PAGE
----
What’s your image of a farmer?

I have spent a lot of my life living in major urban areas (Chicago, Los Angeles). One of my saddest moments while living in the cities was when I realized that my children had to go to the zoo to see farm animals and that they had no idea what a vegetable garden looked like. (Full disclosure: I have a brown thumb – if you want any houseplants killed, ask me to house-sit!)

Now we live in Michigan, the state with the second highest crop diversity in the nation (after California). We buy our produce, meat, poultry, and eggs from local farmers. My kids have seen where their food comes from and have held a chick (that may have fed them at a later date!) I’m learning to garden – hoping last year’s minor success was not a total fluke/beginner’s luck! And I work for a very successful nonprofit, Fair Food Network, the President/CEO of which started out as an organic farmer in California a few decades ago. (From the department of shameless self-promotion, check out our main website at www.fairfoodnetwork.org, our signature project site at www.doubleupfoodbucks.org, and the site for Oran’s new book at www.fairfoodbook.org.)

In the past 18 months I’ve probably come into contact with more farmers than I have since I was growing up in Vermont, so I was intrigued to see this post on Grist.org: “When are we going to stop seeing farmers as rubes and hayseeds?”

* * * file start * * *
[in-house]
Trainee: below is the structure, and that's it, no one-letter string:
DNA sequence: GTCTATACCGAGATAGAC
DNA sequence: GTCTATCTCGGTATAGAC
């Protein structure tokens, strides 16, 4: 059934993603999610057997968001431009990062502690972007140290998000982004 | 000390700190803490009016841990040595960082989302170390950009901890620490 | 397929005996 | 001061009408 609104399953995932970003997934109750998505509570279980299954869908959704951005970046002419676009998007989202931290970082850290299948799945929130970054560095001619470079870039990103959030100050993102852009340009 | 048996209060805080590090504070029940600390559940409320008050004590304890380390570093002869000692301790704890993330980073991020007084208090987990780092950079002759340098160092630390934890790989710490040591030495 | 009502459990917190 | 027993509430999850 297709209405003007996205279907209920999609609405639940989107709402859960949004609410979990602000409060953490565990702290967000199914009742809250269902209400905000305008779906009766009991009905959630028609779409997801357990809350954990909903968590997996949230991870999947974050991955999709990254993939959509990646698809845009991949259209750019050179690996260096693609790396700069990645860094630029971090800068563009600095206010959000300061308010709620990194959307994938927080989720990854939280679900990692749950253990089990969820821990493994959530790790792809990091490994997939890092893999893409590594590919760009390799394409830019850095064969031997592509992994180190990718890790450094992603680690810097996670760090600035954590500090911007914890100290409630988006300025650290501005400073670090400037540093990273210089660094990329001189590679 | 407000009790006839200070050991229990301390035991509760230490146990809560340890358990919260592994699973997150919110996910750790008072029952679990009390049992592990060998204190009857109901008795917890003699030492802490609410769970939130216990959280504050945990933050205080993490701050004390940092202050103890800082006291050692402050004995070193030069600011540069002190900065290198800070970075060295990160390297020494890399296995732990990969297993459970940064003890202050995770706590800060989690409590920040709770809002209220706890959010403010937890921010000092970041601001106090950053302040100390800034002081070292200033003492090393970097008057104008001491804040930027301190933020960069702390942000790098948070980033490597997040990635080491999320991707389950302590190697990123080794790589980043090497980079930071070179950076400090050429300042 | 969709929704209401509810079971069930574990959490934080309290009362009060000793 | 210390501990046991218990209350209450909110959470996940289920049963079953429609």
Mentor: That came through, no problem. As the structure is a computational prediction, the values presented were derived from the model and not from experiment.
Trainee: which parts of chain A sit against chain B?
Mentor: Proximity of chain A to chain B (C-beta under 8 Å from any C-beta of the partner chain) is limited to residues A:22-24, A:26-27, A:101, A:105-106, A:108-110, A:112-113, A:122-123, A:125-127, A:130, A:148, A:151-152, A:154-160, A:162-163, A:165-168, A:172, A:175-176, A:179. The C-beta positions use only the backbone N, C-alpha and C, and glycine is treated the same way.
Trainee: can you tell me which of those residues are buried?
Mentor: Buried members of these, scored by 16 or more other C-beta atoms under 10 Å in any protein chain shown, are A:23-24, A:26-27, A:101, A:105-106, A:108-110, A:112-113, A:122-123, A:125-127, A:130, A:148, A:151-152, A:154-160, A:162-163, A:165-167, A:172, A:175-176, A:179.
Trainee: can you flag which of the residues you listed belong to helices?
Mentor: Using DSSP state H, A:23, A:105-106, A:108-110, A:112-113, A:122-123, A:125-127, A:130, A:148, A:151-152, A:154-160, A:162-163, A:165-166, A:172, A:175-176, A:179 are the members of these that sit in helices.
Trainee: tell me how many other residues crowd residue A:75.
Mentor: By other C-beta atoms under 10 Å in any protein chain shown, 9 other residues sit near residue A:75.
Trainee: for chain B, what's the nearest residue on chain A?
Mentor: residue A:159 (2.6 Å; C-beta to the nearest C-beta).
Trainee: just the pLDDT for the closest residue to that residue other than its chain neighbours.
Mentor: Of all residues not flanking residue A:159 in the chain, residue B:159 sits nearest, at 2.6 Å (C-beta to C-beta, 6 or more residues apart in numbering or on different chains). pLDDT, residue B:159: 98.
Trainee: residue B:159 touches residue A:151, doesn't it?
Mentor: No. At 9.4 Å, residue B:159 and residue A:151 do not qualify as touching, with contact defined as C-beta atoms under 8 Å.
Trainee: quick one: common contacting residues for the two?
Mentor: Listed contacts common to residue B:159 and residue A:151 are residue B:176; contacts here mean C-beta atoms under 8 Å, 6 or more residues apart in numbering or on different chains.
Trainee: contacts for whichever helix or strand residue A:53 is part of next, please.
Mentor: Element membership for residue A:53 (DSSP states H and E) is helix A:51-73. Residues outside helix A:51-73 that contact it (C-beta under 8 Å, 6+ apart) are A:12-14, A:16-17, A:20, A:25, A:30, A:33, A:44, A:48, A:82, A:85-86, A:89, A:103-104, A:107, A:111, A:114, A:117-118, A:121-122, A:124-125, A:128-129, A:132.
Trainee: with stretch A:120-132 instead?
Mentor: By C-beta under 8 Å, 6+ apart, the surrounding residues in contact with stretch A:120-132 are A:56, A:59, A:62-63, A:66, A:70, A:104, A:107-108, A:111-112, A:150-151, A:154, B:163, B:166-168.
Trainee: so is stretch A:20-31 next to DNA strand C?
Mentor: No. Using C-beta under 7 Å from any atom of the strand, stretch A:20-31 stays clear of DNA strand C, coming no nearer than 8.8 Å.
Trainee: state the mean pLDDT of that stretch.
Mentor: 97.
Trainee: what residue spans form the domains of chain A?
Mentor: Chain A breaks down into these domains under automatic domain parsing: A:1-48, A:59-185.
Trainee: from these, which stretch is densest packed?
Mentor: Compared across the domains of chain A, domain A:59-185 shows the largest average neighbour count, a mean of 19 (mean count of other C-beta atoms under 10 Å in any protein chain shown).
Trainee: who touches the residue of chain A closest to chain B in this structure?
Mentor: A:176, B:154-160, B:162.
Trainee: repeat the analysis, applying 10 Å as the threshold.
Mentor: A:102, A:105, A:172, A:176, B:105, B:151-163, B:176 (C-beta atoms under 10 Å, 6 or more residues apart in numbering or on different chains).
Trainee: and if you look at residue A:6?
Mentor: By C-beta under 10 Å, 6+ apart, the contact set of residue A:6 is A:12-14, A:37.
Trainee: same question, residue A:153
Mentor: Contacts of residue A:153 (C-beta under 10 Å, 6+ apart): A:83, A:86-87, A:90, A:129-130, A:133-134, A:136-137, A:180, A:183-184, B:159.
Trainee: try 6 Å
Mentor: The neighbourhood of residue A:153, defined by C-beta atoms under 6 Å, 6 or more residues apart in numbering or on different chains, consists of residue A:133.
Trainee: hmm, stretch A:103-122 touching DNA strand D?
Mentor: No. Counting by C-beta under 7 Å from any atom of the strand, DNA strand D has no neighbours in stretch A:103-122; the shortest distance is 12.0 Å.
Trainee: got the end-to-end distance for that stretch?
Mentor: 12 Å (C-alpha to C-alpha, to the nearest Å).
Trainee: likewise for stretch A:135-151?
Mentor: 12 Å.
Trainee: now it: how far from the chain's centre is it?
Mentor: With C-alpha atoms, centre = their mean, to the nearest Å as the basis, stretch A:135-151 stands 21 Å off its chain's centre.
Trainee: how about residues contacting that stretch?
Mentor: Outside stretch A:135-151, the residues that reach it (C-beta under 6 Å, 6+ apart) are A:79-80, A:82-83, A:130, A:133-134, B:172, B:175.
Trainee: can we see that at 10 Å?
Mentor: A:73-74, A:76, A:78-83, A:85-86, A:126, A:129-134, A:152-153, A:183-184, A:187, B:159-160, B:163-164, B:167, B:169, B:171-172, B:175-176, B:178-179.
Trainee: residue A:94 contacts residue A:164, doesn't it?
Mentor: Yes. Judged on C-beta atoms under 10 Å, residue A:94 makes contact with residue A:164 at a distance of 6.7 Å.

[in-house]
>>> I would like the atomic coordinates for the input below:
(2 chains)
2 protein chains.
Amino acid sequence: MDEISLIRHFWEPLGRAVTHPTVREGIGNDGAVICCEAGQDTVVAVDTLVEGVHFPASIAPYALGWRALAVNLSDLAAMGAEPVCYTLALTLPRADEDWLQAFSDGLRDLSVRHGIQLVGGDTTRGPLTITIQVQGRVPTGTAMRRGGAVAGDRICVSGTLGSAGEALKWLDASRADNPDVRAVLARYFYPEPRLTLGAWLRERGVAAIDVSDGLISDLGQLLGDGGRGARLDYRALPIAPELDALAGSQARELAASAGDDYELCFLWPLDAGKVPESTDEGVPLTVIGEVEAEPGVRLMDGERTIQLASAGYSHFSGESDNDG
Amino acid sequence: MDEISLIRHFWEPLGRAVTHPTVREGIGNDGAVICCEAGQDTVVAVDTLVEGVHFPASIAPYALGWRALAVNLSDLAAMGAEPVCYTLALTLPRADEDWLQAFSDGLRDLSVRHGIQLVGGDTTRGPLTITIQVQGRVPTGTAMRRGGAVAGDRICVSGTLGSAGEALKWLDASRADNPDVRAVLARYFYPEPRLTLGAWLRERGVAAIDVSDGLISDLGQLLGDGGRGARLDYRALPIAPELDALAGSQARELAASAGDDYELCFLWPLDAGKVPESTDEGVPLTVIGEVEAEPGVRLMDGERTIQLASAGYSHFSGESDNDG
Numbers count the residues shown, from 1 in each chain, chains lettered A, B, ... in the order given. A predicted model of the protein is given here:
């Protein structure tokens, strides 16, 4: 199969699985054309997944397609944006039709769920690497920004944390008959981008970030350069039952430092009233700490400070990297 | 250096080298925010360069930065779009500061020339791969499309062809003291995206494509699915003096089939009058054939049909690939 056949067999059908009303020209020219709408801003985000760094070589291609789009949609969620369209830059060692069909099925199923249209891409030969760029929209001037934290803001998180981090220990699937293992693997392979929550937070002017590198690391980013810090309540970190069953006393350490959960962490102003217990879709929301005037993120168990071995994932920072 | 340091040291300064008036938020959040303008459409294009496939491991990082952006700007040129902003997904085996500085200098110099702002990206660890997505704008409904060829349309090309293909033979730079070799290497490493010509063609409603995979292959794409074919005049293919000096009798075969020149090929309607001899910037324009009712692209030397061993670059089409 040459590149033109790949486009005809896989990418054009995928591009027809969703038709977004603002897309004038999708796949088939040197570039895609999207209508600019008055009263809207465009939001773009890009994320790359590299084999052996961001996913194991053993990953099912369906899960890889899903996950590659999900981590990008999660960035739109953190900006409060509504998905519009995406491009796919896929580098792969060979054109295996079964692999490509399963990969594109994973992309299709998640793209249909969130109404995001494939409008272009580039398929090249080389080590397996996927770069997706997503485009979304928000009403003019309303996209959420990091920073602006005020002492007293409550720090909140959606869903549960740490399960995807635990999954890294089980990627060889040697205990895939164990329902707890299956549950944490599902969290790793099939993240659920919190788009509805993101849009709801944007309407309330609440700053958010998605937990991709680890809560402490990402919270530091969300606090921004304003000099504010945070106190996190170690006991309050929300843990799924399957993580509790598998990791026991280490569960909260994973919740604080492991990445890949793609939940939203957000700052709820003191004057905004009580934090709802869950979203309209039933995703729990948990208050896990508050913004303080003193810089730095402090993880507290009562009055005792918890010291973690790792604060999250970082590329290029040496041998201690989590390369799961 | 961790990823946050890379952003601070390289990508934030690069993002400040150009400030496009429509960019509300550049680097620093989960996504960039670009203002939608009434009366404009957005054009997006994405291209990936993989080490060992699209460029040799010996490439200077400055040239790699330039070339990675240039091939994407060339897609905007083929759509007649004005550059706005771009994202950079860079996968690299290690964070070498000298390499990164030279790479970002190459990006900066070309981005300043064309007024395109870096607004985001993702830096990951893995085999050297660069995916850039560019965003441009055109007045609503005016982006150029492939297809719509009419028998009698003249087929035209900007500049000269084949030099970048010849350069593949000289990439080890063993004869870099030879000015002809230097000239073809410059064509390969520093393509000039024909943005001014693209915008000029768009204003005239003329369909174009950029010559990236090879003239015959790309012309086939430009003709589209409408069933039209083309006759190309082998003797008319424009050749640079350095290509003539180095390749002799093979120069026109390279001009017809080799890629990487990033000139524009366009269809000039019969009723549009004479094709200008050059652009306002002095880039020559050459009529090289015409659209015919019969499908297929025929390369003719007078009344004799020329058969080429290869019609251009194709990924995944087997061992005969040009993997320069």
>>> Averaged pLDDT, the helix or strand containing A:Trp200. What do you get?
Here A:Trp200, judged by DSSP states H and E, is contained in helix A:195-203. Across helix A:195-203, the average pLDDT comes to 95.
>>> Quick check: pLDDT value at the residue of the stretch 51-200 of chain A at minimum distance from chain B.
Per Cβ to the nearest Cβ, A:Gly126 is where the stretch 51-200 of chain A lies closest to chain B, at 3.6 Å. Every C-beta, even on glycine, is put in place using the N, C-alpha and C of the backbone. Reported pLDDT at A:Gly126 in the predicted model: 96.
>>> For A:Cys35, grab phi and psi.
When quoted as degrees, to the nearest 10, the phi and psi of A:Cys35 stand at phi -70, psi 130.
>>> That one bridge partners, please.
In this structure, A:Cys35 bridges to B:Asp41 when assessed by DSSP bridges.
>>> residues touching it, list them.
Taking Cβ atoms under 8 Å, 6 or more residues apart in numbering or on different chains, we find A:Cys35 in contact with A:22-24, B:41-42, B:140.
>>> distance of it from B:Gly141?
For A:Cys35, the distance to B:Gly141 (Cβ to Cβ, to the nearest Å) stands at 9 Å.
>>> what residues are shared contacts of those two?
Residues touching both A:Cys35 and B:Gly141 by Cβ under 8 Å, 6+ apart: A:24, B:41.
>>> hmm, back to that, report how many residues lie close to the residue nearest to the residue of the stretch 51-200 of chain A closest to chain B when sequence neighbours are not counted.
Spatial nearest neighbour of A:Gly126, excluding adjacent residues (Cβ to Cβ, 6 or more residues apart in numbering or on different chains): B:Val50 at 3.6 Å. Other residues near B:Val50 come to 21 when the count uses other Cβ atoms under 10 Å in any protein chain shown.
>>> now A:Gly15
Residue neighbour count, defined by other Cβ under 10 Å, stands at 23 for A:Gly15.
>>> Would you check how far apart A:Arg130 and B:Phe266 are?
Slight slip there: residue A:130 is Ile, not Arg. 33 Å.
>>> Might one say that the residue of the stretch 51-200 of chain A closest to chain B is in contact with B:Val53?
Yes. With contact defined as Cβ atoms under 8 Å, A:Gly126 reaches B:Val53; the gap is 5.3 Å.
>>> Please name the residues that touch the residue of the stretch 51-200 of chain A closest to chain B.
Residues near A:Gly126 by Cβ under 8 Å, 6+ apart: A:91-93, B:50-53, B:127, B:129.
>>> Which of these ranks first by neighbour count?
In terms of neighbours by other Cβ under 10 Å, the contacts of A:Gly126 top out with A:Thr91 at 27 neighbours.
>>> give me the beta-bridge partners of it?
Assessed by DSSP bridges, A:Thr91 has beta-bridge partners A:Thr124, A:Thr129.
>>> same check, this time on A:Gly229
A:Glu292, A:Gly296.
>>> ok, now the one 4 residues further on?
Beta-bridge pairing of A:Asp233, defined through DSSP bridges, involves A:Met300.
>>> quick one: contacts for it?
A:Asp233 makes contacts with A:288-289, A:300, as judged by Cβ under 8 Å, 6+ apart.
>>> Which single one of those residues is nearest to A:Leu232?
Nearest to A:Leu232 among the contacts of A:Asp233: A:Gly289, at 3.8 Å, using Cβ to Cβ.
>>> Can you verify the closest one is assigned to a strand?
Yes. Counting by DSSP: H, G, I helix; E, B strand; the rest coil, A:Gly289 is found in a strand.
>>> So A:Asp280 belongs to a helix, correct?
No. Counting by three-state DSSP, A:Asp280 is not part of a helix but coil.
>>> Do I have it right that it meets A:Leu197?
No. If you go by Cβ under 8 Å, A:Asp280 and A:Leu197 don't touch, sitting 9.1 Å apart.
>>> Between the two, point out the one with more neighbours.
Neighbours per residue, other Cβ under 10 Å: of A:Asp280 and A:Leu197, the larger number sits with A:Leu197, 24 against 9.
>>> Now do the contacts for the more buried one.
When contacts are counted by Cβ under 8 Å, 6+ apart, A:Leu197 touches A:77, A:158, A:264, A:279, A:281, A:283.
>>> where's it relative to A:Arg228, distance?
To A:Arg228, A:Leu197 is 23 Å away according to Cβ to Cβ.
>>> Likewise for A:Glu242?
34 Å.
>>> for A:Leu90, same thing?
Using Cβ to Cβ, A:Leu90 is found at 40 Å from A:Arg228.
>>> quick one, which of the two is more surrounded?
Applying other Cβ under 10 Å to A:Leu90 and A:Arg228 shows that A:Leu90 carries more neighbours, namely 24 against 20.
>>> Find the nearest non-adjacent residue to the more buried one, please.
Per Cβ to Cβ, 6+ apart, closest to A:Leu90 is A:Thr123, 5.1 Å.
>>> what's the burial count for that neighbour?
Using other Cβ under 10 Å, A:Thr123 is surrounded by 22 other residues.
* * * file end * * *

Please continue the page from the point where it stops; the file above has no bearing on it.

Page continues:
Is it coincidence that Wendell Berry received a National Humanities medal from President Obama’s hands this week? If you want to be amazed, amused, and moved, pick up some of Berry’s writing (at your local public library or indie bookseller, of course!)

And just as I was pondering this happy coincidence, I got the Winter 2011 newsletter from one of “my” farmers – the Dolls of Back Forty Acres. Want to know more about what a farmer does in a day’s work? Check out the editorial on pp. 7-8. I’d like to think that Wendell Berry accepted the medal on behalf of all of our farmers/friends!

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